Perrysburg Abounds in History:
In August 1794, General "Mad Anthony" Wayne defeated the Indians in the Battle of Fallen Timbers across the river at about the present location of US Route 24 and I-475, and then marched his army to opposite of where Perrysburg now stands to defy a British garrison.
In May and August of 1813, a scant mile west of uptown, General William Henry Harrison held off the British and their Indian allies in the two sieges of Fort Meigs that helped end the War of 1812 in the west.
In 1816 the U.S. government sent surveyors here to lay out a town—the only one other than Washington, D.C. so created in the United States. It was named in honor of Commodore Oliver Hazard Perry, whose victory over the English in 1813, not far away at Put-in-Bay on Lake Erie, helped open the way to peaceful development of the Northwest Territory. With the opening of the Northwest Territory, many settlers passed through the area, crossing the river at the first opportunity upstream from Lake Erie, the ford at the Foot of the Rapids, and continuing their journeys north or west into the newly acquired lands of the expanding United States.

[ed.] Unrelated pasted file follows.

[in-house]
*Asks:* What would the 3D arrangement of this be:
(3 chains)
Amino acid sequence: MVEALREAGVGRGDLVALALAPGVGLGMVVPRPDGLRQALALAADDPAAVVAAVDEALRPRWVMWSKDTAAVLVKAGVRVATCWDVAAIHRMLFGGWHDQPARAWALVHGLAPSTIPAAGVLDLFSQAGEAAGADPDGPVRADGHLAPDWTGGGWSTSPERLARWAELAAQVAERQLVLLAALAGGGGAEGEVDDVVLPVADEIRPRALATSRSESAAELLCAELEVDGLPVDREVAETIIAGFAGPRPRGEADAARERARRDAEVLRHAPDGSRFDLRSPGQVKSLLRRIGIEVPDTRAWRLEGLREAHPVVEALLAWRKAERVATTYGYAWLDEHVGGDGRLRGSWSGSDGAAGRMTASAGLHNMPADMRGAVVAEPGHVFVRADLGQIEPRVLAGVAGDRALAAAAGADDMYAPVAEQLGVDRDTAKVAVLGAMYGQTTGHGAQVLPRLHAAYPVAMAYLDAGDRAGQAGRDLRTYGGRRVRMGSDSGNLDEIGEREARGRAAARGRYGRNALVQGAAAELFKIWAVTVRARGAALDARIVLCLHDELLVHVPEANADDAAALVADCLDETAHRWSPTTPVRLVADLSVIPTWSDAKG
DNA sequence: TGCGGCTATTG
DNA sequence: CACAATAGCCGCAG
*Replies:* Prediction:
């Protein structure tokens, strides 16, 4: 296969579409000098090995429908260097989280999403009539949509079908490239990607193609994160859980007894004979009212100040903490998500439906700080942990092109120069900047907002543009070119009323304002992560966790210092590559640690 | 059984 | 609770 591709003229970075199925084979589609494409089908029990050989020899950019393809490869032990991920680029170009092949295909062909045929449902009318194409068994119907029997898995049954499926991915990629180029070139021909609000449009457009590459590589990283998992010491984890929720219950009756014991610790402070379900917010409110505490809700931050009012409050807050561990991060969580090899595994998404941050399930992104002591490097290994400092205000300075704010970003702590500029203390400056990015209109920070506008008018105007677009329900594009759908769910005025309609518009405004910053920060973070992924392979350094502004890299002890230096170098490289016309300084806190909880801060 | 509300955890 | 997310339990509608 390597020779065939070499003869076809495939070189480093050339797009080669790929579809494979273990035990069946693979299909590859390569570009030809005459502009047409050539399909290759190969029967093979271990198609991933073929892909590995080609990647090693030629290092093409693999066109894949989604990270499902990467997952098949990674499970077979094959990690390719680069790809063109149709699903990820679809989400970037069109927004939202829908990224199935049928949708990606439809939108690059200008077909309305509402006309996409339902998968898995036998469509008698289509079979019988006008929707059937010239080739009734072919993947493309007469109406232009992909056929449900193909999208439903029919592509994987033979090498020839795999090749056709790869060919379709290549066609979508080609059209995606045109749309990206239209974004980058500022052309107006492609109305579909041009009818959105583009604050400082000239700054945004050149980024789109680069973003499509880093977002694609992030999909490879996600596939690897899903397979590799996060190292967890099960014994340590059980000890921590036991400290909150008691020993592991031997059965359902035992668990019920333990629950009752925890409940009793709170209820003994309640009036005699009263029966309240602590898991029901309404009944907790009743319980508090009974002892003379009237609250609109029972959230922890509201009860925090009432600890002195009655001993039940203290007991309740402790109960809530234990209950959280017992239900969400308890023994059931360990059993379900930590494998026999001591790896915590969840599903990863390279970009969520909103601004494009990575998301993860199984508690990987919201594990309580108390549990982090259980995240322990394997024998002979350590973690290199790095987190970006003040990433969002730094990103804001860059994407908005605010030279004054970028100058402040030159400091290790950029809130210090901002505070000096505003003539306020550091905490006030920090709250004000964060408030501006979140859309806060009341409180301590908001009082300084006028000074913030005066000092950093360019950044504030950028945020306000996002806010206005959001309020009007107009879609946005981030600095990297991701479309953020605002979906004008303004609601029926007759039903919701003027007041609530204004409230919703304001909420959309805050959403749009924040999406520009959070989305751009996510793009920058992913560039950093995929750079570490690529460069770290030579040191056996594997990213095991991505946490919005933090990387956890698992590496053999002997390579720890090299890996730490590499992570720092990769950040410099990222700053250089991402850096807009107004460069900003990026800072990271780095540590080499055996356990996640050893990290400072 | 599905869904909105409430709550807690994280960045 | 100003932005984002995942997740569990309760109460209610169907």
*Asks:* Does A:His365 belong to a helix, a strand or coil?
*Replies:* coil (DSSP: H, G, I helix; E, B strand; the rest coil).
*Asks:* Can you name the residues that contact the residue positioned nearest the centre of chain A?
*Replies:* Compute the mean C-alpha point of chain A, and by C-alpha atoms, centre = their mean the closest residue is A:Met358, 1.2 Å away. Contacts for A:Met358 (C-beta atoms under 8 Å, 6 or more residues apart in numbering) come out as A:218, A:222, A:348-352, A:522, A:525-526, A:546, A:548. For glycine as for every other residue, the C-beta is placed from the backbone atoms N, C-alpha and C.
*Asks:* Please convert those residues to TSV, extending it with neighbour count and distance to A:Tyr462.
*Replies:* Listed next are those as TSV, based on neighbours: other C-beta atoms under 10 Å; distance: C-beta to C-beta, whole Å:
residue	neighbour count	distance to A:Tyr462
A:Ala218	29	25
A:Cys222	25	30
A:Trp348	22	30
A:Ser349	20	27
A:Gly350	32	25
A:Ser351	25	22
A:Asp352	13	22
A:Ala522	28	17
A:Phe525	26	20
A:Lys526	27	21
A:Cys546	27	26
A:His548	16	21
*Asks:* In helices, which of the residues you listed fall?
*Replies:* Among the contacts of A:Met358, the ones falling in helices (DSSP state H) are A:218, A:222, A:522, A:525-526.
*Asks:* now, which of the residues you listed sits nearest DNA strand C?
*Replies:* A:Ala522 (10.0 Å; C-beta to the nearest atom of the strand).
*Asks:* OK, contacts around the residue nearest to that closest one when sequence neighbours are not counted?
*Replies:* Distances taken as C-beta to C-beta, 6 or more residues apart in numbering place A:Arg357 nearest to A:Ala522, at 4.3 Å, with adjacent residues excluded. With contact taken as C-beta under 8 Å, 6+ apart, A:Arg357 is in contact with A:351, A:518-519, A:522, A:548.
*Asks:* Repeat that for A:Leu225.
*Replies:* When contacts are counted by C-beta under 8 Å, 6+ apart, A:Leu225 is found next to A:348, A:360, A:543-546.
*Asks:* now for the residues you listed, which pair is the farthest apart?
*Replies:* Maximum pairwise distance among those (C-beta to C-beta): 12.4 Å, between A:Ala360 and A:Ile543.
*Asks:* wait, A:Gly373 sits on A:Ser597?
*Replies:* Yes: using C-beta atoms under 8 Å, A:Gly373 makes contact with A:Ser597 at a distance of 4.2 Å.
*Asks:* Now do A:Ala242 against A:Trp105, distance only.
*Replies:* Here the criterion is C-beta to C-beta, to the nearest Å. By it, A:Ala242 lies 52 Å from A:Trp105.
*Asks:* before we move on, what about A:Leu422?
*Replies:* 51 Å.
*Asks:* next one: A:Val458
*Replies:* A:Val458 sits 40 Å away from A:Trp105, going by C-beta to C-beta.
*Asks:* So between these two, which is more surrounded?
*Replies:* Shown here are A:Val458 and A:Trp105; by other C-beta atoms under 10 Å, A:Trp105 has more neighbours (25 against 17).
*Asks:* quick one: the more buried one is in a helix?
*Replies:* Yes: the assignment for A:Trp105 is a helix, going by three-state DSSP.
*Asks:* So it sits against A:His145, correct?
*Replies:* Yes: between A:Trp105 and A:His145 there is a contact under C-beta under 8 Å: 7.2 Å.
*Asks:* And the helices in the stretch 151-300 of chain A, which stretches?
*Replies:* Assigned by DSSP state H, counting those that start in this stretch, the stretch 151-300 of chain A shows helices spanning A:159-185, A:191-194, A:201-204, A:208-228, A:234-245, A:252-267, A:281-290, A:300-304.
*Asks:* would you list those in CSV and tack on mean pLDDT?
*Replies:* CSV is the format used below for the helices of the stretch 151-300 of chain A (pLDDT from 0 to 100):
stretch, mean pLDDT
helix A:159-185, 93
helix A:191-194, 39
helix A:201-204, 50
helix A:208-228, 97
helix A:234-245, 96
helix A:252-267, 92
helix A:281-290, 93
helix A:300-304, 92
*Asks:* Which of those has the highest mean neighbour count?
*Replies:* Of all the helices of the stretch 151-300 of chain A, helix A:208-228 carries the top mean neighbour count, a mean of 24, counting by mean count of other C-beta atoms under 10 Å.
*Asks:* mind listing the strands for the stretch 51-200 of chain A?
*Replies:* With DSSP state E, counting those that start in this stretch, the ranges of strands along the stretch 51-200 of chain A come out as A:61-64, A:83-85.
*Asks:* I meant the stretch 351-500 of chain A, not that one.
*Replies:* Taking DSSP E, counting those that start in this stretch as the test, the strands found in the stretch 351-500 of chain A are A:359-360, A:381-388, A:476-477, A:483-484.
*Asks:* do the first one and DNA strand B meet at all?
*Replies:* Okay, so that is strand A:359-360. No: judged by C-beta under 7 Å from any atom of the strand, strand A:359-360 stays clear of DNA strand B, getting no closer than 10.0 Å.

During the so-called Toledo War over the Ohio-Michigan boundary dispute in 1835, the Governor of Ohio marched state militia from Columbus to Perrysburg, set up headquarters and drilled in our streets.
Sitting on the northern rim of the Great Black Swamp, early transportation was largely restricted to the river, and the town became a distribution center for goods consigned to the interior in exchange for furs and dried meat. In time Perrysburg became a major lake port and shipbuilding center—second only to Cleveland and Buffalo in goods shipped.
As the swamp was drained, huge forests of virgin timber became available and untold millions of board feet of logs and sawed lumber were floated or shipped down river, across the lake and on to domestic and foreign markets.
A hydraulic canal, taking water from the river several miles upstream, cascaded water to the riverfront powering grist and saw mills, a tannery, furniture factories, a paper mill and a machine shop.
With the coming of canals connecting the east coast with the Ohio and Mississippi Rivers, and the need for deep water ports, Perrysburg's commercial importance waned and it gradually changed to an agricultural market center for the surrounding rich farm lands, and a suburb of Toledo. But the people who came here over the years, many from New England, brought their architectural preferences with them.
Perrysburg possesses over 175 years of important regional and vernacular architecture, which stands as testimony to different strands of tradition as well as to an impressive diversity and creativity of builders who have brought their own unique expressions to individual structures.